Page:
DBScan analysis being performed a mature neuron in a typical vLUME workspace.
CREDIT: Alexandre Kitching
Virtual reality software which allows researchers to ‘walk’ inside and analyse individual cells could be used to understand fundamental problems in biology and develop new treatments for disease.
The software, called vLUME, was created by scientists at the University of Cambridge and 3D image analysis software company Lume VR Ltd. It allows super-resolution microscopy data to be visualised and analysed in virtual reality, and can be used to study everything from individual proteins to entire cells. Details are published in the journal Nature Methods.
Super-resolution microscopy, which was awarded the Nobel Prize for Chemistry in 2014, makes it possible to obtain images at the nanoscale by using clever tricks of physics to get around the limits imposed by light diffraction. This has allowed researchers to observe molecular processes as they happen. However, a problem has been the lack of ways to visualise and analyse this data in three dimensions.
“Biology occurs in 3D, but up until now it has been difficult to interact with the data on a 2D computer screen in an intuitive and immersive way,” said Dr Steven F. Lee from Cambridge’s Department of Chemistry, who led the research. “It wasn’t until we started seeing our data in virtual reality that everything clicked into place.”
The vLUME project started when Lee and his group met with the Lume VR founders at a public engagement event at the Science Museum in London. While Lee’s group had expertise in super-resolution microscopy, the team from Lume specialised in spatial computing and data analysis, and together they were able to develop vLUME into a powerful new tool for exploring complex datasets in virtual reality.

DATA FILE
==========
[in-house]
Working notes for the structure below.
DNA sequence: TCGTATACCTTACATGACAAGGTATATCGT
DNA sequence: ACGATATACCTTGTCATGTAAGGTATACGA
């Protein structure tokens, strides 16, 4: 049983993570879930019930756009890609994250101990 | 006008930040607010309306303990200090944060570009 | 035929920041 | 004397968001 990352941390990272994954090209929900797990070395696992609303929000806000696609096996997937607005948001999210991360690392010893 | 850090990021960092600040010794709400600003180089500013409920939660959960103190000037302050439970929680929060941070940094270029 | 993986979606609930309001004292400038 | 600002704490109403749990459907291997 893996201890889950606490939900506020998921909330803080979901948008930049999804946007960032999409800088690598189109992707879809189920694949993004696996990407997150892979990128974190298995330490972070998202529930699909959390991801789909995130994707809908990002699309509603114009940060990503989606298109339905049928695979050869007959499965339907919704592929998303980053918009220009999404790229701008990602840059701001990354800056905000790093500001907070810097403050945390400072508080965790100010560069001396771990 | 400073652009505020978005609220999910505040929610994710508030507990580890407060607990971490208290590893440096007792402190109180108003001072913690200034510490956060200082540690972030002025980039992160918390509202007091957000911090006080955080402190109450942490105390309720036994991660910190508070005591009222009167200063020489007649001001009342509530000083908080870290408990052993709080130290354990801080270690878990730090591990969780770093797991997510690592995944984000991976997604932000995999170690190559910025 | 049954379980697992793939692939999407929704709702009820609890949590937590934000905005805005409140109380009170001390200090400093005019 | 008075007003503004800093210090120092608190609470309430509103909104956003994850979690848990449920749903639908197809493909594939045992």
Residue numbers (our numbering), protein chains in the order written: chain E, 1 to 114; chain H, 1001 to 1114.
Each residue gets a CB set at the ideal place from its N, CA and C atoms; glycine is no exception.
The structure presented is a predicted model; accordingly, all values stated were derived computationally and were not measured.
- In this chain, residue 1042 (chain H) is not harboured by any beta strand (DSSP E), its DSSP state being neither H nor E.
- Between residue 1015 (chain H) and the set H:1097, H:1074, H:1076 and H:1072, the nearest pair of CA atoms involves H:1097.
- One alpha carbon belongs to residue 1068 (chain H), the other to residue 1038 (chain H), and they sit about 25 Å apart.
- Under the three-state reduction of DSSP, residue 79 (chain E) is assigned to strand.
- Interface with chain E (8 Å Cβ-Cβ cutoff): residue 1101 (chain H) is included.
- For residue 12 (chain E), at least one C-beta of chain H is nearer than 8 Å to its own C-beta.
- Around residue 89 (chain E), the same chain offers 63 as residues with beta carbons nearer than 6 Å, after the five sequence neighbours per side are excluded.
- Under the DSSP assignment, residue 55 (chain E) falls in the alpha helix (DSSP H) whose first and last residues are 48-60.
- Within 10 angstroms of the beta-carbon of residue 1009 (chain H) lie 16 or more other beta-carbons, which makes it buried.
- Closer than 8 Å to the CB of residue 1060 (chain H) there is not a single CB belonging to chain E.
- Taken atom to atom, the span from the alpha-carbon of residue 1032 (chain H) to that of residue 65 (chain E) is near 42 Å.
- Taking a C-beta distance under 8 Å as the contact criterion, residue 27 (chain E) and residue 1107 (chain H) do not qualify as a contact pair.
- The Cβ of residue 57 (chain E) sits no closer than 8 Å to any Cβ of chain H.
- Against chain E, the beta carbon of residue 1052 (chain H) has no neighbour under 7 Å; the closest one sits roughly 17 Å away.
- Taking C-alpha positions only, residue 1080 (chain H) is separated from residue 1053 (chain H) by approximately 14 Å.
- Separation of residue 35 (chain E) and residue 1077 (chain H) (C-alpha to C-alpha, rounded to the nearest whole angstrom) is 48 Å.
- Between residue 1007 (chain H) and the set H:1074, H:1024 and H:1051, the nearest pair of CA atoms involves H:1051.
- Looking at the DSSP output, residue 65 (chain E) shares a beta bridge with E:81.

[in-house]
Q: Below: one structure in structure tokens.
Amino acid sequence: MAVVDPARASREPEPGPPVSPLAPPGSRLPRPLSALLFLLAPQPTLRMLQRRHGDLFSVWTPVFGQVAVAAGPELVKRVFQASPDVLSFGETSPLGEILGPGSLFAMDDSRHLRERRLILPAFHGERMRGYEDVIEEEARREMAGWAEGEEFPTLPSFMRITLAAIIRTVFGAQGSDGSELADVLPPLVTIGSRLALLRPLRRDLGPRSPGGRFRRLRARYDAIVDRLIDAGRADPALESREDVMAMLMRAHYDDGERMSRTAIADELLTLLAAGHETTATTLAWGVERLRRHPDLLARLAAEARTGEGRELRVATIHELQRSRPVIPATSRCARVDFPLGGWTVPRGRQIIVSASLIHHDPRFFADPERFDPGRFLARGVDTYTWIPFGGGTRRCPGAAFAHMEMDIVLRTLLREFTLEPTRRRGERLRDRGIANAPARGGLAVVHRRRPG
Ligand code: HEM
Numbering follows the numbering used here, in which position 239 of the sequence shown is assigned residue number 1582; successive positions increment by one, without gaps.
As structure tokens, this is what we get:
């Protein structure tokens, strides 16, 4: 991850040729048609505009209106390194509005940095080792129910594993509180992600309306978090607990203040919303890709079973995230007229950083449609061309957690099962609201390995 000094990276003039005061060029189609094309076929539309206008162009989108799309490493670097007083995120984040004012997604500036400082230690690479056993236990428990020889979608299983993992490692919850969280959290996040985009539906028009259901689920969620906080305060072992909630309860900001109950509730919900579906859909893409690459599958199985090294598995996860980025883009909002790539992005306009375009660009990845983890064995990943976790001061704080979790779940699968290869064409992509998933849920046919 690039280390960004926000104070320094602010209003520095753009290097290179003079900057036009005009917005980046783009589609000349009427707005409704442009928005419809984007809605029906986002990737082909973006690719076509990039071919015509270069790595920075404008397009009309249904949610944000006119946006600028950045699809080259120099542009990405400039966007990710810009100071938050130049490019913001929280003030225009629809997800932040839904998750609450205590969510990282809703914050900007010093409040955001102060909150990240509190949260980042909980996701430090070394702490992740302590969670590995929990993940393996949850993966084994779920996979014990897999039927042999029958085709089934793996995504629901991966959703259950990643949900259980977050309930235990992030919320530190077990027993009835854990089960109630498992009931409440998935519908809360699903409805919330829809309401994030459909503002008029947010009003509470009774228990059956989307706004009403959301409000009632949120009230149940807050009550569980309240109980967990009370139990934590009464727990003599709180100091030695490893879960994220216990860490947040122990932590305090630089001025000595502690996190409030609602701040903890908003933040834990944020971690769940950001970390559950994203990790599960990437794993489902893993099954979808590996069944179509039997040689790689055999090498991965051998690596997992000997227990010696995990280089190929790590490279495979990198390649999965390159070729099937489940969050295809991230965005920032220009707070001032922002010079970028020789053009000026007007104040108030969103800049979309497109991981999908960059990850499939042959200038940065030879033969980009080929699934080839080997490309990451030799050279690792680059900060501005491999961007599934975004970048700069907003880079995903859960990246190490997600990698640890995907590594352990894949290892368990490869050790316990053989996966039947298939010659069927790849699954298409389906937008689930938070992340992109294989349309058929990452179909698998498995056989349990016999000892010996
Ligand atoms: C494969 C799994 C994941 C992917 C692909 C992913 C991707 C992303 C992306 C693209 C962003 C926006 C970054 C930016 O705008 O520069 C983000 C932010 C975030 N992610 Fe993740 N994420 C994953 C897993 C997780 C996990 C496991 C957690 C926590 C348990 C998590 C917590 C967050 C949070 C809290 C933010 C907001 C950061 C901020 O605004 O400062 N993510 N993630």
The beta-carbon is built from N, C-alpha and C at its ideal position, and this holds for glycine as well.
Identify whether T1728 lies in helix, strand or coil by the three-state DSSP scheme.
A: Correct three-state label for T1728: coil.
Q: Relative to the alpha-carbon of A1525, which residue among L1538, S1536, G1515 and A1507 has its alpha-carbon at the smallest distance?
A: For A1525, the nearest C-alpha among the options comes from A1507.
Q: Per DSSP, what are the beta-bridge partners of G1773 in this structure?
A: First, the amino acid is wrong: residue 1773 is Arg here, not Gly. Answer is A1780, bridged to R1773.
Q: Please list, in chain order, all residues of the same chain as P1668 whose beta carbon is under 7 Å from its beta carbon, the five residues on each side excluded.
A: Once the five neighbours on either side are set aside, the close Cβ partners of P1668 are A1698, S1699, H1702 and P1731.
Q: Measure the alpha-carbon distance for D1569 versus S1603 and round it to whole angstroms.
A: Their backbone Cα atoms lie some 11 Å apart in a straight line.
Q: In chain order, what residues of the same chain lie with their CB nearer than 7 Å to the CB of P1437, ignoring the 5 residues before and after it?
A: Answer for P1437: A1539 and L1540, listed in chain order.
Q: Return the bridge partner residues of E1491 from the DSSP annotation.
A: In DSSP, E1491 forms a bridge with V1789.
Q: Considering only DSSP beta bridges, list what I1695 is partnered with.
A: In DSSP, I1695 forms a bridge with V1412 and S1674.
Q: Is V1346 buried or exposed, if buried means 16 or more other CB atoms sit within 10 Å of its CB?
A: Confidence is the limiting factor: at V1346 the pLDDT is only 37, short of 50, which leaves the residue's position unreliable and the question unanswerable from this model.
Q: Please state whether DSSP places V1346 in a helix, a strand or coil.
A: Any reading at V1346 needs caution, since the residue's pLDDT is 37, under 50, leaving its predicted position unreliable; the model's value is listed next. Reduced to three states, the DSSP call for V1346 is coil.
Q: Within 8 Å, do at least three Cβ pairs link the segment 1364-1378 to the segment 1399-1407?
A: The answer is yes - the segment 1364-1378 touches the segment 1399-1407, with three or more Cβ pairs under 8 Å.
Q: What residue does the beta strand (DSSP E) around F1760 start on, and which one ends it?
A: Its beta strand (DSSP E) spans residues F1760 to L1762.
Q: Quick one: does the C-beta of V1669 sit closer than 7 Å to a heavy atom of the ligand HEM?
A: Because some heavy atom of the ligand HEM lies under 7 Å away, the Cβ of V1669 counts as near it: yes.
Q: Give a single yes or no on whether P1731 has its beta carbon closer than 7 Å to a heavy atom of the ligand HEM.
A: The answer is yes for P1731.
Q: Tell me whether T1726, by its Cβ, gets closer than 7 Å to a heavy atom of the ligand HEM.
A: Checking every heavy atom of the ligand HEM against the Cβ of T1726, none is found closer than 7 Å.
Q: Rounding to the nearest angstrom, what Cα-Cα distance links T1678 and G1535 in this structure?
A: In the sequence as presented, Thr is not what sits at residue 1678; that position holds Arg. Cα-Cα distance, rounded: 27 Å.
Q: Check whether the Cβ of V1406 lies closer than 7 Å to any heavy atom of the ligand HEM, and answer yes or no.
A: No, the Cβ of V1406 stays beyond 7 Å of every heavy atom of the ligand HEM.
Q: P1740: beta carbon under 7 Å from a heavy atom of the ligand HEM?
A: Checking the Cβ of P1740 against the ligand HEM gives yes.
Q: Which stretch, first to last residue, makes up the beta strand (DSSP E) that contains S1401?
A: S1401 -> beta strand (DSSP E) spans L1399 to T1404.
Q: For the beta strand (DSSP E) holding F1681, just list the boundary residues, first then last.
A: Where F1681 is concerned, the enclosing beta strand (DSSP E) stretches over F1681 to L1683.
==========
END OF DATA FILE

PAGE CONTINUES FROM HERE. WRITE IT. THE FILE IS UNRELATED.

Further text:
“vLUME is revolutionary imaging software that brings humans into the nanoscale,” said Alexandre Kitching, CEO of Lume. “It allows scientists to visualise, question and interact with 3D biological data, in real time all within a virtual reality environment, to find answers to biological questions faster. It’s a new tool for new discoveries.”
Viewing data in this way can stimulate new initiatives and ideas. For example, Anoushka Handa – a PhD student from Lee’s group – used the software to image an immune cell taken from her own blood, and then stood inside her own cell in virtual reality. “It’s incredible – it gives you an entirely different perspective on your work,” she said.
The software allows multiple datasets with millions of data points to be loaded in and finds patterns in the complex data using in-built clustering algorithms. These findings can then be shared with collaborators worldwide using image and video features in the software.
“Data generated from super-resolution microscopy is extremely complex,” said Kitching. “For scientists, running analysis on this data can be very time consuming. With vLUME, we have managed to vastly reduce that wait time allowing for more rapid testing and analysis.”
The team are mostly using vLUME with biological datasets, such as neurons, immune cells or cancer cells. For example, Lee’s group has been studying how antigen cells trigger an immune response in the body. “Through segmenting and viewing the data in vLUME, we’ve quickly been able to rule out certain hypotheses and propose new ones,” said Lee. This software allows researchers to explore, analyse, segment and share their data in new ways. All you need is a VR headset.”
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